2. I recently have an injury called a Turf Toe, an overstretched big toe. I have orderd the Arion with two pods. I have read the article about the best footstrike. Normay I am a forefoot striker, so that explains my injury for 100%. What training exercise would you recommend for me for the next 6 months, to reduce the pain from the Turf toe injury?

    1. Hey Nick,

      Thank you for your question! My apologies for the late response. Our blog is quite new and somehow we missed the comment notification.

      Turf toe is a tricky one, I’m sorry to hear that you are struggling with it. It’s certainly a good idea to talk with your physio or health professional for proper advice, but for sprains like this RICE (Rest Ice Compression and Elevation) is standard way many people will use to help recovery. Rest I think we can all understand. Ice refers to cooling the joint to reduce inflammation, by icing for a couple of minutes then letting the joint warm for a couple of minutes and repeating this for a period of 15 to 20 mins it might be possible to encourage better blood flow. Of course anyone icing should be careful to avoid direct skin contact, it’s cooling not freezing! Compression can refer to supporting or bandaging, for turf toe (depending on which toe it is) it might be worth strapping the toe to a supporting toe, but do check how to do this properly with a professional before you start to bind your feet up. Elevation basically means getting your feet up, let the joint drain and experience less pressure from blood rushing down the legs. Most importantly as a general rule of thumb don’t try doing too much too soon, build up slowly working with controlled loading and range of motion to begin with once your are on the road to recovery.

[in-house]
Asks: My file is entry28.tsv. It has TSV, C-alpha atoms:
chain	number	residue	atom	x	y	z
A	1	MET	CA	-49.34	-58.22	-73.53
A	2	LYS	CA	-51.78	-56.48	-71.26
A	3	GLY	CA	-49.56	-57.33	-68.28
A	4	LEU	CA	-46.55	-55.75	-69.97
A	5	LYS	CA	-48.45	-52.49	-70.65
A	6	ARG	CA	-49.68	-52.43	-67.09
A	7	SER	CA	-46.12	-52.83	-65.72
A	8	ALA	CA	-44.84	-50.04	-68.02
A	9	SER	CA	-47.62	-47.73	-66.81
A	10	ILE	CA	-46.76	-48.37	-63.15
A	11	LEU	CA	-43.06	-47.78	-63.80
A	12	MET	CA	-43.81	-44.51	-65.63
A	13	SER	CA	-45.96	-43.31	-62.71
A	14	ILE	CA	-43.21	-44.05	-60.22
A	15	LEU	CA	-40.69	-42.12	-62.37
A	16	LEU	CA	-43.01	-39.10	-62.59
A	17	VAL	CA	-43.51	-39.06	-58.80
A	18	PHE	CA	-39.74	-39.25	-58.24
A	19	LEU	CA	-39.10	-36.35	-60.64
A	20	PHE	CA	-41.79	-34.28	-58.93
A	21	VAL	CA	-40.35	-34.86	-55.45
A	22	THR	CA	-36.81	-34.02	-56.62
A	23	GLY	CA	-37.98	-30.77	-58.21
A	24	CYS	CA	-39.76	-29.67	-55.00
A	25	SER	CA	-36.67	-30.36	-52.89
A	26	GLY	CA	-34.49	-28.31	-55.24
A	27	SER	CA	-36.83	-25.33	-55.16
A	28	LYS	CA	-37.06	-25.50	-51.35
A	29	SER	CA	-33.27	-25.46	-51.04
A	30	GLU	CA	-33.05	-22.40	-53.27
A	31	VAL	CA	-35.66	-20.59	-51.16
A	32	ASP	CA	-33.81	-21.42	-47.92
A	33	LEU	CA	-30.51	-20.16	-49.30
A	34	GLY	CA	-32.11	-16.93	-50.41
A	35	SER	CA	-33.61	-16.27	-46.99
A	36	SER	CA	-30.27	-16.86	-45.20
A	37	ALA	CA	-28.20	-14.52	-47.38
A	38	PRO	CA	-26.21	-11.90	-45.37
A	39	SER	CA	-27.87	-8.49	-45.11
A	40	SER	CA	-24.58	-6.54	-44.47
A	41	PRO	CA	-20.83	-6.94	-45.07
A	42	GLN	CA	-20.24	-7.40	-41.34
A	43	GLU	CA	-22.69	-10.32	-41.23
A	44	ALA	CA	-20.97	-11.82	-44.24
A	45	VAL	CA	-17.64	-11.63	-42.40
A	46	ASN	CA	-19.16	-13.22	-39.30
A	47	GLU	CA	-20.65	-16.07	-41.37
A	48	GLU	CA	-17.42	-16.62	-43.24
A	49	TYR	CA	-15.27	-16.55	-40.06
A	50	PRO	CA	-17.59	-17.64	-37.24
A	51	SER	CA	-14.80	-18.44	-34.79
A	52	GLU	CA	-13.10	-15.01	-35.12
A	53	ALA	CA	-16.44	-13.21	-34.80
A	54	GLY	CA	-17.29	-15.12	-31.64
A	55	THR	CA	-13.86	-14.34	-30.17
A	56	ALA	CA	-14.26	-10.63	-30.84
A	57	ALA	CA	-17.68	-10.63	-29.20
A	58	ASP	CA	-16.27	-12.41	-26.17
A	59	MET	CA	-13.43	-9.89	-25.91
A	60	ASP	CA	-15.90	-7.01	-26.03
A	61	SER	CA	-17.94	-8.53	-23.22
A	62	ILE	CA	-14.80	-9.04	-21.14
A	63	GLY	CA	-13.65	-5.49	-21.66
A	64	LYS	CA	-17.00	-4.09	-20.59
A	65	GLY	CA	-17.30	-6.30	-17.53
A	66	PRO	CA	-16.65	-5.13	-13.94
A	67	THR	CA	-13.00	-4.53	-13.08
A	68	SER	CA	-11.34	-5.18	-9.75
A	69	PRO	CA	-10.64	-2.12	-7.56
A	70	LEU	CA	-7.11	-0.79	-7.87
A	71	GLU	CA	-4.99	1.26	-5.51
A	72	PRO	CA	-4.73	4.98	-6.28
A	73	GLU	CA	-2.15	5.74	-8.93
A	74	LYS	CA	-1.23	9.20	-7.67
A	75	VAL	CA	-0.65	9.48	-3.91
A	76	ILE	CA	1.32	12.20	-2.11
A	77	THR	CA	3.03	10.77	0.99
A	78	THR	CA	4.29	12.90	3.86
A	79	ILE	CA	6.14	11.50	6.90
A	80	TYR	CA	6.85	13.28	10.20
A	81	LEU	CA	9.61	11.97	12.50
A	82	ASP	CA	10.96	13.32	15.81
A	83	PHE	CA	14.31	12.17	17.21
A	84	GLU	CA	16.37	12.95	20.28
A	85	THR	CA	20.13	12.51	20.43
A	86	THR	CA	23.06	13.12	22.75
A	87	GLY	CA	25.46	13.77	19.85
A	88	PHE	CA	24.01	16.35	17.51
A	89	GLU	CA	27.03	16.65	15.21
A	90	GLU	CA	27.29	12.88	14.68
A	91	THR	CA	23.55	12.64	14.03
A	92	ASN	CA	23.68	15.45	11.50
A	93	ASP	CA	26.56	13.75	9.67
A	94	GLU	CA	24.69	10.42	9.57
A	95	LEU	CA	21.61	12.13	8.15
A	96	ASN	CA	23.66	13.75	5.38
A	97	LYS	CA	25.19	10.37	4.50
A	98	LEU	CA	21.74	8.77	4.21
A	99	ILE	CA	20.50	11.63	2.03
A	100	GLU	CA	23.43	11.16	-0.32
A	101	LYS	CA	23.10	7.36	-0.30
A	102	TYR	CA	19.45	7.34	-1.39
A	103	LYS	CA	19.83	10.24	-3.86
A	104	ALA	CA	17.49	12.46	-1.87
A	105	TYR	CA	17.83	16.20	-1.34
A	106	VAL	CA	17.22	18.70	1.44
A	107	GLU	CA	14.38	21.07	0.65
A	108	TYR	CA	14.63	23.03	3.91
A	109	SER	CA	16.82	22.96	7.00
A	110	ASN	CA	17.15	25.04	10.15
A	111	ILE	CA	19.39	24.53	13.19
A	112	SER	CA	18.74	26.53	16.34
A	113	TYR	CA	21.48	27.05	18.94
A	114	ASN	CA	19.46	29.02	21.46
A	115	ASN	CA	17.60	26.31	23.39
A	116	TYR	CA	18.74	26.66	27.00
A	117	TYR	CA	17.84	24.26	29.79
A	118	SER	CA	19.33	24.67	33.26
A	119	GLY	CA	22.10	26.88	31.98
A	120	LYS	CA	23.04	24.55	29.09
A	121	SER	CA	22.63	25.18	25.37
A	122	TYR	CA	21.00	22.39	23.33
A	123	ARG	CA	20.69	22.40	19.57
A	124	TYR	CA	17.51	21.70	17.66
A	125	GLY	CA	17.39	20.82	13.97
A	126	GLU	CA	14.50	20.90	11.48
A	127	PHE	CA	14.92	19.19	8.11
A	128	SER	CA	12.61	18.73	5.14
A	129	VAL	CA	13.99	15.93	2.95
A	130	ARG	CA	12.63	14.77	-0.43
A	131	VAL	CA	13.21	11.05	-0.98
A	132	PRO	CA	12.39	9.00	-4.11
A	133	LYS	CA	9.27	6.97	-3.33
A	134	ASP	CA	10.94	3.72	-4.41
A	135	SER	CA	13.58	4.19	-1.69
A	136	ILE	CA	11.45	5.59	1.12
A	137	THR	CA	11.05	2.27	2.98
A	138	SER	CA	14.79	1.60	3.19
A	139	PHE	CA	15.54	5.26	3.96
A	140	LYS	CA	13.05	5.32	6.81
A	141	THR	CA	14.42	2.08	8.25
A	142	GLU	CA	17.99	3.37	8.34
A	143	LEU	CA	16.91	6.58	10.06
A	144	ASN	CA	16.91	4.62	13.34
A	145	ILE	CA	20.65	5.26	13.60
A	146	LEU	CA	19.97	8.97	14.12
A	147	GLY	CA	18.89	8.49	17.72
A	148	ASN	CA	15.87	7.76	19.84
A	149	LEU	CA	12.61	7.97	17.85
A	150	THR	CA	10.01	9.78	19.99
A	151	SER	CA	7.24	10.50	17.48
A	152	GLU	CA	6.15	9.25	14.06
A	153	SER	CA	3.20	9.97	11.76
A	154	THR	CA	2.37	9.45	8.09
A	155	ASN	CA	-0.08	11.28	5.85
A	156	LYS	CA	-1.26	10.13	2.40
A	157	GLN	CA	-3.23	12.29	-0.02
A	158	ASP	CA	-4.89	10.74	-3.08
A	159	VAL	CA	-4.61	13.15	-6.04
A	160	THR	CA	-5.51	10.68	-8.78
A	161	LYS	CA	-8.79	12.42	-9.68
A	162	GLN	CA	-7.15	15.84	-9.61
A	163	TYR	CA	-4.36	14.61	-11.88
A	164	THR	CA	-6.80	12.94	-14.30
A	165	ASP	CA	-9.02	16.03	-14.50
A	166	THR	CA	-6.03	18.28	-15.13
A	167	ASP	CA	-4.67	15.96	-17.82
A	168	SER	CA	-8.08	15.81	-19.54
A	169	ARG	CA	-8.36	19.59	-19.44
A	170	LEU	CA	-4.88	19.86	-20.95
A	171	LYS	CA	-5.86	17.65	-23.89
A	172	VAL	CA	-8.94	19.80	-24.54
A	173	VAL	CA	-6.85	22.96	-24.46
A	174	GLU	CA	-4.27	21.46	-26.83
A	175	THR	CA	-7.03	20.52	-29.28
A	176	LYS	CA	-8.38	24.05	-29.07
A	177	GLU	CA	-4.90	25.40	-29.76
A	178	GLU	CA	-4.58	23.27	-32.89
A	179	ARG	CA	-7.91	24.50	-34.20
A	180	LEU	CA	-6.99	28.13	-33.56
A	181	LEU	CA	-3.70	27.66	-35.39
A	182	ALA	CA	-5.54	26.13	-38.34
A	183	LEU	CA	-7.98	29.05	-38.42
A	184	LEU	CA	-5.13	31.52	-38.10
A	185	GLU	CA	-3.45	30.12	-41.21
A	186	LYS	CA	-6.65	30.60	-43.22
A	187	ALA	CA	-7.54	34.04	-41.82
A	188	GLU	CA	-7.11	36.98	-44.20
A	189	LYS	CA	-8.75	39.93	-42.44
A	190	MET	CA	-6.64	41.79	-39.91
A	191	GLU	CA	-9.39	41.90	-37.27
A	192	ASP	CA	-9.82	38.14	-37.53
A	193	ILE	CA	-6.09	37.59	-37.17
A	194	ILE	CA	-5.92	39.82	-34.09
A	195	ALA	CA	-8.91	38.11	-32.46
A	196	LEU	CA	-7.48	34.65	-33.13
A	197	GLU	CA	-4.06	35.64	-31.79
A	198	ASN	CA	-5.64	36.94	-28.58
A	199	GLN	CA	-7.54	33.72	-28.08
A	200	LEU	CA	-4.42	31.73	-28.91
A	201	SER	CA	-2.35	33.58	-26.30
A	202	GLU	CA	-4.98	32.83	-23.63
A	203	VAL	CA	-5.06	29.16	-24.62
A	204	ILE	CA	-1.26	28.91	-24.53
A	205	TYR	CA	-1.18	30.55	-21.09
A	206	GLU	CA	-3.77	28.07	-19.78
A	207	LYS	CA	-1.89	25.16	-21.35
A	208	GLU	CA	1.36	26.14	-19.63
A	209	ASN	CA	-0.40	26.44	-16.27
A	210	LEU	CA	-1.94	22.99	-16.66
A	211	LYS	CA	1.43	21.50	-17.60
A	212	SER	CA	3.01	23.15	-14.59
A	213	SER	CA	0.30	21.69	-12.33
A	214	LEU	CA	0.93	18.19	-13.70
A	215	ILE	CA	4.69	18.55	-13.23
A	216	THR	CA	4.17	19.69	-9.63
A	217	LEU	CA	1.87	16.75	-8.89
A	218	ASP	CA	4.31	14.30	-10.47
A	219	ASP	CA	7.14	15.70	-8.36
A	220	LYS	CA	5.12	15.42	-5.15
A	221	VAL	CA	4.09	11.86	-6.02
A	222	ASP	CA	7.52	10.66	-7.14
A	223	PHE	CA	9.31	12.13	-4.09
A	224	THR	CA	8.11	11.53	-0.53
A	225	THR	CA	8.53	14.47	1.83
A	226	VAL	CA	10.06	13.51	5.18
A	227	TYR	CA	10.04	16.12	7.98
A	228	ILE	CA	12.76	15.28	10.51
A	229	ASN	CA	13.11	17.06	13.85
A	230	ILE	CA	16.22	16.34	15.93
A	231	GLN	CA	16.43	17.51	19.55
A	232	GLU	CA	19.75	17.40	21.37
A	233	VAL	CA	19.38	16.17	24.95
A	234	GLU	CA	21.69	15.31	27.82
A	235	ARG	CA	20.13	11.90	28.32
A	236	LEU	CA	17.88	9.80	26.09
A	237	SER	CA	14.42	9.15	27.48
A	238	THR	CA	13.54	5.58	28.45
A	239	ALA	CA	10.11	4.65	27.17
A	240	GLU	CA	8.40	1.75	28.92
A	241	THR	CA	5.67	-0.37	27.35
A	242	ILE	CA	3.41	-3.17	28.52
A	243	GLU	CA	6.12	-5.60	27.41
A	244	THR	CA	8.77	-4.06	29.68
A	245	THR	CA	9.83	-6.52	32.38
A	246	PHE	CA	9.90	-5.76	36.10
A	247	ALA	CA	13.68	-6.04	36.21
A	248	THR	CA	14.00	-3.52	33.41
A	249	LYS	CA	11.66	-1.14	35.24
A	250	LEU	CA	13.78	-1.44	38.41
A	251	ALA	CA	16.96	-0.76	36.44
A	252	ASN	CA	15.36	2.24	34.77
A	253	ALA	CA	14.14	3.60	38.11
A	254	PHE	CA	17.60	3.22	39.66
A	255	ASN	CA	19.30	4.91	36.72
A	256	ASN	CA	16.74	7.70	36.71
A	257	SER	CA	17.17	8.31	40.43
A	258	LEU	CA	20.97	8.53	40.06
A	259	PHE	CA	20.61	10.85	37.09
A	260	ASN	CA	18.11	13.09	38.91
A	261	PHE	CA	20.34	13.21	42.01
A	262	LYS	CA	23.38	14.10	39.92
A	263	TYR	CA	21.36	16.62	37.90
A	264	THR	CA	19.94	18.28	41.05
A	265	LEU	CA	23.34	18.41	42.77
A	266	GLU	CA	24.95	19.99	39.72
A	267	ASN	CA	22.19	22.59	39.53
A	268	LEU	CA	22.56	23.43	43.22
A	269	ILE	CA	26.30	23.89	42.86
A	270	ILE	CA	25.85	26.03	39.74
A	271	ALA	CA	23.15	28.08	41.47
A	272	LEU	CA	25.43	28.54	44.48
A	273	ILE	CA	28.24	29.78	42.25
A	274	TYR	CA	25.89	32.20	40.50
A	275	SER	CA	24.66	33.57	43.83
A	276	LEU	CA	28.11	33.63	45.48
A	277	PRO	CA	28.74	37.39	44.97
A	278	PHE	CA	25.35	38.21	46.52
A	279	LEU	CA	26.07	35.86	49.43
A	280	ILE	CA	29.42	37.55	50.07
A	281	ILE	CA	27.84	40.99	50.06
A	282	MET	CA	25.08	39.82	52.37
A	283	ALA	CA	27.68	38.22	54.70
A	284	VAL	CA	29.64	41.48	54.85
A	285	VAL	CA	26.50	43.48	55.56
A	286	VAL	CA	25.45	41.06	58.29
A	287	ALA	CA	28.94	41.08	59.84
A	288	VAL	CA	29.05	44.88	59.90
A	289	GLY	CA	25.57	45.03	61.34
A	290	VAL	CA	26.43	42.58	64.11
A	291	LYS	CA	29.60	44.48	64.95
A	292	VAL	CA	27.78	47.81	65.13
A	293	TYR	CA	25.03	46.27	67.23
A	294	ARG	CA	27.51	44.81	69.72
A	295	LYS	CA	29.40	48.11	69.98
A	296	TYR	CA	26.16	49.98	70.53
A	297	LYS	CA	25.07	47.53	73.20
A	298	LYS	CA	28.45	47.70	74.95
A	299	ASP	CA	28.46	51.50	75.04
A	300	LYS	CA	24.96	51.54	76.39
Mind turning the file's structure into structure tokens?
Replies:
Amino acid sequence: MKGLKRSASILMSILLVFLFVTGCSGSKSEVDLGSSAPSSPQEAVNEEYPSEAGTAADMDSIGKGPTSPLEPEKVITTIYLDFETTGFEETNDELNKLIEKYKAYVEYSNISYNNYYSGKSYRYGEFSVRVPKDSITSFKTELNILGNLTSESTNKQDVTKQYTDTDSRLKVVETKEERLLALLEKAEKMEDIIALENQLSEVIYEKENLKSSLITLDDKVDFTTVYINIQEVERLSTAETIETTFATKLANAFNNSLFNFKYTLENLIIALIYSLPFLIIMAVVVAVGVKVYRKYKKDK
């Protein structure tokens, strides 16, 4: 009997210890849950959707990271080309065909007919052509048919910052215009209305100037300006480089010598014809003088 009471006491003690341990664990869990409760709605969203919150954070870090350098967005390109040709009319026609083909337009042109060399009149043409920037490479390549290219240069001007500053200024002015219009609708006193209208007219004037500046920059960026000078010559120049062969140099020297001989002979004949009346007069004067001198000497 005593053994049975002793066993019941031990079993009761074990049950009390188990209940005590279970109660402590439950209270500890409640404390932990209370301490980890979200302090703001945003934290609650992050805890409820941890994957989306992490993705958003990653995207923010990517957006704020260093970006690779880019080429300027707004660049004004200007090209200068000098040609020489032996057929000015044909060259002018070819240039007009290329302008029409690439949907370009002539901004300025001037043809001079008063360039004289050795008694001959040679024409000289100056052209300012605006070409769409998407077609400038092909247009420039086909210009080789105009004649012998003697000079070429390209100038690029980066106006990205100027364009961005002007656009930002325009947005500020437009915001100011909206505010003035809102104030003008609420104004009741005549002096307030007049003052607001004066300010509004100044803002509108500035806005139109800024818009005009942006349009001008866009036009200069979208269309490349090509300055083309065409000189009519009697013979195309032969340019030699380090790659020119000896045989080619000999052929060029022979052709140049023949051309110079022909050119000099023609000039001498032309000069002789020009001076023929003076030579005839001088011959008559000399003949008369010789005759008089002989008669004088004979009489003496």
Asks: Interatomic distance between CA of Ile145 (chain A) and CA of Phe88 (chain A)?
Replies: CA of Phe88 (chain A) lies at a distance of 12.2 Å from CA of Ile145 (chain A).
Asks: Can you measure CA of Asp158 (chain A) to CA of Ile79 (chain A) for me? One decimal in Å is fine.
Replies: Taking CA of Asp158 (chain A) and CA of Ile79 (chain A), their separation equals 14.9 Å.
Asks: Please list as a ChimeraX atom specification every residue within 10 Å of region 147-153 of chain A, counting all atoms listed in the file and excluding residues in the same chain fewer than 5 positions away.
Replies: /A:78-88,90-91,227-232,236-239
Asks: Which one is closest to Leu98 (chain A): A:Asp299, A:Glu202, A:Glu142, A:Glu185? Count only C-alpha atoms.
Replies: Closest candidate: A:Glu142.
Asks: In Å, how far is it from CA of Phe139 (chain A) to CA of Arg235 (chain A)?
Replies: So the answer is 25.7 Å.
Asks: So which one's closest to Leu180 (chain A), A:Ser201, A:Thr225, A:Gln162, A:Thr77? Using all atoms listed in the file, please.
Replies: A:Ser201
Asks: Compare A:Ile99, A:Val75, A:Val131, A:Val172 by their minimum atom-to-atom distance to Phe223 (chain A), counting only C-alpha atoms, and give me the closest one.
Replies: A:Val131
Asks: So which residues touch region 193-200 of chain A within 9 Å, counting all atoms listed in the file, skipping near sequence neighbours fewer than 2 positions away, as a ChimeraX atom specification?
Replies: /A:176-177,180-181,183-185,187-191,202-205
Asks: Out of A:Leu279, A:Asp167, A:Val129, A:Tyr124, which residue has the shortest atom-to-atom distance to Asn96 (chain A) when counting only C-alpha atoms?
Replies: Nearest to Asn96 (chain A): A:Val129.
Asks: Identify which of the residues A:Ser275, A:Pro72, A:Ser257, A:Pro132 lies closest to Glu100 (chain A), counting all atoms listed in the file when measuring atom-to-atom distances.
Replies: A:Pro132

Best of luck with this. I know it can be a difficult task to rest, but I do hope you are back in your running shoes soon!

      Kind regards,
      Andrew Statham


Leave a Reply

Your email address will not be published. Required fields are marked *